Nature Versus Nurture
Michael Lewis has at least two themes in The Blind Side besides merely telling a good football story. Behind the disguise of his biography, he is putting emphasis on the fact that nurture overpowers nature and the ability to persevere. By emphasizing Michael Oher’s uncertainty of what he wanted to do in the beginning of the book, he discreetly attributes this to Oher’s mentality developed while living in the Hurt Village projects. And in using the results of his Aptitude test, his unstable residency, and his skin color, he presents a series of allusions that were identifiable to his contemporaries as critical of American stereotypes of blacks who are impoverished will remain impoverished. Despite Oher stating that “Failure was not an option…” (Yaeger) It is hard to state whether he would have made it out of Hurt Village without the help of his adoptive family, the Tuhoys.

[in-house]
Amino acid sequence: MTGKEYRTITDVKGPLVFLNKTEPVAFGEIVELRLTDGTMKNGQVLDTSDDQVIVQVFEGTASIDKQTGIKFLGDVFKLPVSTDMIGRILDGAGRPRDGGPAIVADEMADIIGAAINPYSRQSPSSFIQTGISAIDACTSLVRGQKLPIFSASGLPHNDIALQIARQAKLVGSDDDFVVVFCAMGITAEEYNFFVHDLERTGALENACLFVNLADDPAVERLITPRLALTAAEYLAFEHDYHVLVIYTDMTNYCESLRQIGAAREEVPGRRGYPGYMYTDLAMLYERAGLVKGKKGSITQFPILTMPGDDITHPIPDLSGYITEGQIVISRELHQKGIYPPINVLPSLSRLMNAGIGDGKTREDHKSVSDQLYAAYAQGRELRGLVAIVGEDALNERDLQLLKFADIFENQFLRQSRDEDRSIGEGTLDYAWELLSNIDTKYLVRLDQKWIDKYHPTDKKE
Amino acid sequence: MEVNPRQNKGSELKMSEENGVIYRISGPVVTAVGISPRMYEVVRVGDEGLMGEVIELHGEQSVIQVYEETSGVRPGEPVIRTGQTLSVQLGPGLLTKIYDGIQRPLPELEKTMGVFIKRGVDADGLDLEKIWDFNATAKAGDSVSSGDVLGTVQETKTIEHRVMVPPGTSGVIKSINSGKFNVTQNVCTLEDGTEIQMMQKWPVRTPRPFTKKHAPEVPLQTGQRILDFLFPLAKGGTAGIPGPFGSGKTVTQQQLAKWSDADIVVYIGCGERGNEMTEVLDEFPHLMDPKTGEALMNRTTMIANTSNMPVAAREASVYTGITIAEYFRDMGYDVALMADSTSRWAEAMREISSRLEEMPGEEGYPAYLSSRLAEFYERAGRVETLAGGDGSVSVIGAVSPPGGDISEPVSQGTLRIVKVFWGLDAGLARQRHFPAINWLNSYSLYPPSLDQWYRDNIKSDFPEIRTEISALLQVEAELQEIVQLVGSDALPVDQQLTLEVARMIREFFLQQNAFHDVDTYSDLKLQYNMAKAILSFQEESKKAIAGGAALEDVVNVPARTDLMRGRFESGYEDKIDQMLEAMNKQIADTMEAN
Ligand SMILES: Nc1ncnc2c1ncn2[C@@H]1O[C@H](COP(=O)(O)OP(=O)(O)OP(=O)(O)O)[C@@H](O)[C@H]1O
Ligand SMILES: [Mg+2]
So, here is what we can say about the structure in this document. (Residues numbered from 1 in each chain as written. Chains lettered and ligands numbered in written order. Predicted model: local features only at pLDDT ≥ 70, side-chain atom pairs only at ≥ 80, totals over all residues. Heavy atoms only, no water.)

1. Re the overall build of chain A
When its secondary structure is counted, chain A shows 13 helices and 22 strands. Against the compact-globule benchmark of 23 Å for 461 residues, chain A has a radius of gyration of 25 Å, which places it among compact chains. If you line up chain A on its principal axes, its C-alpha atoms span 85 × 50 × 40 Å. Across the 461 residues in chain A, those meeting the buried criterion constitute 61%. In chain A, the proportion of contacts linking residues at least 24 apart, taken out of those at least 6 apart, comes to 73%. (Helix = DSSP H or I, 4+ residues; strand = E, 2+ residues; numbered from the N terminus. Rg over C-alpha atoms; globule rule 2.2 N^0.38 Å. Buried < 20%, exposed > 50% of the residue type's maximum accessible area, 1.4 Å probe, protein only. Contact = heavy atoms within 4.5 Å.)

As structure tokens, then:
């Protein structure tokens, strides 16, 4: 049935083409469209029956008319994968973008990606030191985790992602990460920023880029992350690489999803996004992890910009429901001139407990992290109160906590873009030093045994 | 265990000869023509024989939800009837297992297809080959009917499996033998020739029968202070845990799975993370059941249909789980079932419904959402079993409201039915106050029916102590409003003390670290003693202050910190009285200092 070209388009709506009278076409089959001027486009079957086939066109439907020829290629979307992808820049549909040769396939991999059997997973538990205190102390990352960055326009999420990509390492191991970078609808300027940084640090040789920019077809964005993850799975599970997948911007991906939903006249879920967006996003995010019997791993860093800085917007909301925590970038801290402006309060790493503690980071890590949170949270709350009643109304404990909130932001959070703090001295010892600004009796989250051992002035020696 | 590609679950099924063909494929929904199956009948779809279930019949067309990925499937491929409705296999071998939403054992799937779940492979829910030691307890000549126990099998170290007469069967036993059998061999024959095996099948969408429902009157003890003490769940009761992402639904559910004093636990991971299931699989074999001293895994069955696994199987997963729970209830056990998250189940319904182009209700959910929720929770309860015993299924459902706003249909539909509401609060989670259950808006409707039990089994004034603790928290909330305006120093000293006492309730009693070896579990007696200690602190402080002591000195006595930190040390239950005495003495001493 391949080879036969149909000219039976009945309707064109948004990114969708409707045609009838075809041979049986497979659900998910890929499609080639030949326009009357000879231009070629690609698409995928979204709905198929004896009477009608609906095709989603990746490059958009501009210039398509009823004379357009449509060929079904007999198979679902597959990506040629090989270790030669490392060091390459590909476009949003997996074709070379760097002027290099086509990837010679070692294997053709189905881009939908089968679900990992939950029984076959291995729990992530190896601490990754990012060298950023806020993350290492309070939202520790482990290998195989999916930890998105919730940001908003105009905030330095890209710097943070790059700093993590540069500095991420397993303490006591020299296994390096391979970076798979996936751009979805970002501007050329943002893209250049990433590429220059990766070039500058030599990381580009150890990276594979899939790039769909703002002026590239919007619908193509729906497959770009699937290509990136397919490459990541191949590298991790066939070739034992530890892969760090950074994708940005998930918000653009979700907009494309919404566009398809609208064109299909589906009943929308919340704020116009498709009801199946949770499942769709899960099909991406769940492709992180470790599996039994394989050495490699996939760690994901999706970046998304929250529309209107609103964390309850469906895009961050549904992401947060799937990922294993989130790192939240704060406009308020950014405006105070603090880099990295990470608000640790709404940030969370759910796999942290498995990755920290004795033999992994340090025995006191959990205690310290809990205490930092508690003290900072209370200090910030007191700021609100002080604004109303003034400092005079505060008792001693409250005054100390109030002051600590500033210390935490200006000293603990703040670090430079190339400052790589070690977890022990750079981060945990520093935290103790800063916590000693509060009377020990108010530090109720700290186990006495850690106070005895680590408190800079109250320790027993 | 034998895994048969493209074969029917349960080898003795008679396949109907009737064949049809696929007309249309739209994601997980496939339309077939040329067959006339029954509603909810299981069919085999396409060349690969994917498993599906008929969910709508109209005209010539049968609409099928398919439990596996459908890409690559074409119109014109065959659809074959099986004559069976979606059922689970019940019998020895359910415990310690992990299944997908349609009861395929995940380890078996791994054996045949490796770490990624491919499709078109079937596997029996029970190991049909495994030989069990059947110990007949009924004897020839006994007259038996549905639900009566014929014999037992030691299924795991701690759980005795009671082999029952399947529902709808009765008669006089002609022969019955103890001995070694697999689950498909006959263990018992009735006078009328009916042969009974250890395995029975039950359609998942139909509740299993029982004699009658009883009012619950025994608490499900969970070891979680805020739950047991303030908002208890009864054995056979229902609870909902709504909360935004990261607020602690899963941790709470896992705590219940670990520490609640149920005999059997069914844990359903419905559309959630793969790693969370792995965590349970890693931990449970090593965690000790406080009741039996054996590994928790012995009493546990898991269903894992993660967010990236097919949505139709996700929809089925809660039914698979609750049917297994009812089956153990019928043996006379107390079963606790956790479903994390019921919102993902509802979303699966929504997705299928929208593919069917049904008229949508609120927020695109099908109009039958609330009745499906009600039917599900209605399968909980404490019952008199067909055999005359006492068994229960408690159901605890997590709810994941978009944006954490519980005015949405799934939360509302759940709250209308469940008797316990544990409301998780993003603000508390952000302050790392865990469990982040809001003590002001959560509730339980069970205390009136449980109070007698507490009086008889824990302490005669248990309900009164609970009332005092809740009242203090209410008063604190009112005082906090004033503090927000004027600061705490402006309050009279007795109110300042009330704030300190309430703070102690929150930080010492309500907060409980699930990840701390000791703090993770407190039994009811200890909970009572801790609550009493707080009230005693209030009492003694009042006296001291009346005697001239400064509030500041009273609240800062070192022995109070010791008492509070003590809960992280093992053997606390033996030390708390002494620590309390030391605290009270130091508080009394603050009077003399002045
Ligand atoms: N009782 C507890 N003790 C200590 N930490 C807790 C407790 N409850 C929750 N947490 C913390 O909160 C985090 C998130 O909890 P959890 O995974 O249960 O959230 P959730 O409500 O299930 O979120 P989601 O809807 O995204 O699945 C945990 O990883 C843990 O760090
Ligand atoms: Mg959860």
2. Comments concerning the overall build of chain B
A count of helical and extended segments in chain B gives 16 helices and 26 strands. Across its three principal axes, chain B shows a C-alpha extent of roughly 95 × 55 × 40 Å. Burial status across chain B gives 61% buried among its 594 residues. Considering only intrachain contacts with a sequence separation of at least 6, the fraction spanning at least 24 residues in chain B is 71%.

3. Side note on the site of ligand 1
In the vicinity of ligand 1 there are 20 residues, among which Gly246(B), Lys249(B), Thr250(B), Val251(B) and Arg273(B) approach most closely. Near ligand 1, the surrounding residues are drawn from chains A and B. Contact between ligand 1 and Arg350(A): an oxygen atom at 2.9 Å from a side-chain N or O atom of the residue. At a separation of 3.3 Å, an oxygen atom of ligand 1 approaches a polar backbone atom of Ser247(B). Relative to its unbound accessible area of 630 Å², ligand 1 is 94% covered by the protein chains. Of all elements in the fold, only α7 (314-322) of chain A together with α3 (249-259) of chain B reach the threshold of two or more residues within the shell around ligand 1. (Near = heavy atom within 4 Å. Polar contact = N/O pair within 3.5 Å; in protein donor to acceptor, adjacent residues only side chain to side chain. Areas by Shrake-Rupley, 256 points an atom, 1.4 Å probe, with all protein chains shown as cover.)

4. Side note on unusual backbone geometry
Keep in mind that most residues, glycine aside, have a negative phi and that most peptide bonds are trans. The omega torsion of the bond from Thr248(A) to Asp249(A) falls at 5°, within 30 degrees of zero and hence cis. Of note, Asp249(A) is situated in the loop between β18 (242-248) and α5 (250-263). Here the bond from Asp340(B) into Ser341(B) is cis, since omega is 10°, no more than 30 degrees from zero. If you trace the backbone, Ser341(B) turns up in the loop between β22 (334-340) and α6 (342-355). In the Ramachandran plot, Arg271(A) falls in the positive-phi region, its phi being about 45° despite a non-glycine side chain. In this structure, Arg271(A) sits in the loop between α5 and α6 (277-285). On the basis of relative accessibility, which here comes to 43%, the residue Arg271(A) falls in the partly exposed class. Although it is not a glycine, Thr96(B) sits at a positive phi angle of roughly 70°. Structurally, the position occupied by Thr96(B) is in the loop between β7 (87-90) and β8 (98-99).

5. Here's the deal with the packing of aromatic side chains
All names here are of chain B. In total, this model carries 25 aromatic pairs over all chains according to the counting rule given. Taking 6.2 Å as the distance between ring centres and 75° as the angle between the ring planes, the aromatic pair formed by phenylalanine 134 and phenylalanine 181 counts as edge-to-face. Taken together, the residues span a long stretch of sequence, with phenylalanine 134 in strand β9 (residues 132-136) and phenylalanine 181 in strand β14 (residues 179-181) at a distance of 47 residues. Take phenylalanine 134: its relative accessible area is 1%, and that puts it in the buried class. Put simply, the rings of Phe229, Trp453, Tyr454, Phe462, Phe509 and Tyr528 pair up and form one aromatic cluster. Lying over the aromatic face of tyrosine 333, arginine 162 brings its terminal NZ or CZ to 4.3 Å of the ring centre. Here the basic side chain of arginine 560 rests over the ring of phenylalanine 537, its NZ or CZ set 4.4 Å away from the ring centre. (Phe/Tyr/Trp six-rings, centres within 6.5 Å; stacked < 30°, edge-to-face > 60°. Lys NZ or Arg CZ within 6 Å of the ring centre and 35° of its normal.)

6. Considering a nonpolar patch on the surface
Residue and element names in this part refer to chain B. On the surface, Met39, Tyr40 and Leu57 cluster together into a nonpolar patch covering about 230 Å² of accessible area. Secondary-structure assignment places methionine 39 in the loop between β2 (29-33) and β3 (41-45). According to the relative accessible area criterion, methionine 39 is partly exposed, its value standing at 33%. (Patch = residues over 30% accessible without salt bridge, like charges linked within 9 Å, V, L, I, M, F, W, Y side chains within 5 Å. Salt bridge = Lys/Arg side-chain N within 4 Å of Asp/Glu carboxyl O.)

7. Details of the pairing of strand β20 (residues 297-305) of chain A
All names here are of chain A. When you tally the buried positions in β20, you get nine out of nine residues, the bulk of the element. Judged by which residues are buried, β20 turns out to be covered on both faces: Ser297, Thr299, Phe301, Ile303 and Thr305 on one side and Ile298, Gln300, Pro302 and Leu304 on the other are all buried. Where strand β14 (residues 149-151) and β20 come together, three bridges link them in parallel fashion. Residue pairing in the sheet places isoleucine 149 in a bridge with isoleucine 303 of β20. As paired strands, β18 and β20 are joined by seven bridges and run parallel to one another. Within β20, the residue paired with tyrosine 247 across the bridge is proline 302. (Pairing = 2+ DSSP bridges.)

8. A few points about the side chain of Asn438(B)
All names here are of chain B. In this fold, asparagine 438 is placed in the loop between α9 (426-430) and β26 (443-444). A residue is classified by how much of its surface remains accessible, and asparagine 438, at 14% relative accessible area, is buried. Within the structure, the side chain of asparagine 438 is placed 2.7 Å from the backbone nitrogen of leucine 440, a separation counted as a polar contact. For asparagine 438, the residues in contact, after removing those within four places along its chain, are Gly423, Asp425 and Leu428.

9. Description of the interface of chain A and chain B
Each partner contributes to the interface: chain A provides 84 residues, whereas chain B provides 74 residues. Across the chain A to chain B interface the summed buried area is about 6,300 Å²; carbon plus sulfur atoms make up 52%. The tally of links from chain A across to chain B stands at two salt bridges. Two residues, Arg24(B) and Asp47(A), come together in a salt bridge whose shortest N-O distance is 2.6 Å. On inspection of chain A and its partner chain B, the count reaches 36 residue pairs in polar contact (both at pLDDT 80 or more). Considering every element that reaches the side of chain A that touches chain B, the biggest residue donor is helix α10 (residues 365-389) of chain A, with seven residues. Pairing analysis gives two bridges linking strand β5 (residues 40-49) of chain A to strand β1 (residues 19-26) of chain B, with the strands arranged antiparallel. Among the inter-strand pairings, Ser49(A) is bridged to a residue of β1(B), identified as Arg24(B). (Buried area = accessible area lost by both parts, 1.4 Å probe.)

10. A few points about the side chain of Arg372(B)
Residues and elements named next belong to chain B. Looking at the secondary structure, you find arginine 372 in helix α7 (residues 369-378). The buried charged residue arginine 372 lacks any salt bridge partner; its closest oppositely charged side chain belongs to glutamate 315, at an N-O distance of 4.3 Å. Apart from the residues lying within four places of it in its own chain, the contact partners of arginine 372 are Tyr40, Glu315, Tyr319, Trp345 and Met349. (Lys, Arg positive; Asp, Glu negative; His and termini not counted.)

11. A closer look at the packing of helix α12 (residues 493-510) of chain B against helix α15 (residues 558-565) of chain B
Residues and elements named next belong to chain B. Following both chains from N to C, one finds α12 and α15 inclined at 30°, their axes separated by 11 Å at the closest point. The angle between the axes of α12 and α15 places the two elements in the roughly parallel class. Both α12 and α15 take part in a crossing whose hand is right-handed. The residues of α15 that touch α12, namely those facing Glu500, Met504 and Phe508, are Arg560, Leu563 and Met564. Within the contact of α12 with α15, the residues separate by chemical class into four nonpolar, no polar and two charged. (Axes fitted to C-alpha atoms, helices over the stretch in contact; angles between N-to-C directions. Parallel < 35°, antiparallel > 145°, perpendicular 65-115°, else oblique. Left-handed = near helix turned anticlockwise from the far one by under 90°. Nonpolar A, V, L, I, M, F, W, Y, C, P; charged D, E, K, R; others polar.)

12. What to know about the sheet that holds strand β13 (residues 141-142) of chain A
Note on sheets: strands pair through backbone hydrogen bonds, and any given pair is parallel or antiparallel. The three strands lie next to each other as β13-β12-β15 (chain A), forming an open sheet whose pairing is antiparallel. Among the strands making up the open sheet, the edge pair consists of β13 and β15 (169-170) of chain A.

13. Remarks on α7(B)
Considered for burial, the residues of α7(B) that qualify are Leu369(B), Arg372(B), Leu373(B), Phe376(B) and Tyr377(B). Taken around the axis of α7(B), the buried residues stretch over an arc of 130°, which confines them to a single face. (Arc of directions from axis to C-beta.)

Why, one might ask, did Lewis choose to write this biography? Why not a science fiction novel, poetry, or a play? Lewis was born to an upper-middle class, liberal parents, his father a corporate lawyer and his mother a community activist. “Their financial standing and liberal view on people most likely contributed to this,” (Embuscado). After graduating from high school he attended Princeton University and later attended London School of Economics where he received his MA degree. His love for knowledge explains the stress on Michael Oher’s academic progression after he moves in with the Tuohys.
Within the broad scheme of The Blind Side, Oher seems to be an average teenage kid from the southern projects. He is not concerned with much, yet he is confronted by the appraisals that people make of him. Michael is utterly incapable of concerning himself with education and the outside world, and, therefore, he and the ideal person in society are ever-present contrasts for us. We are always aware of the difference between the deficient ethical life of Michael, and...
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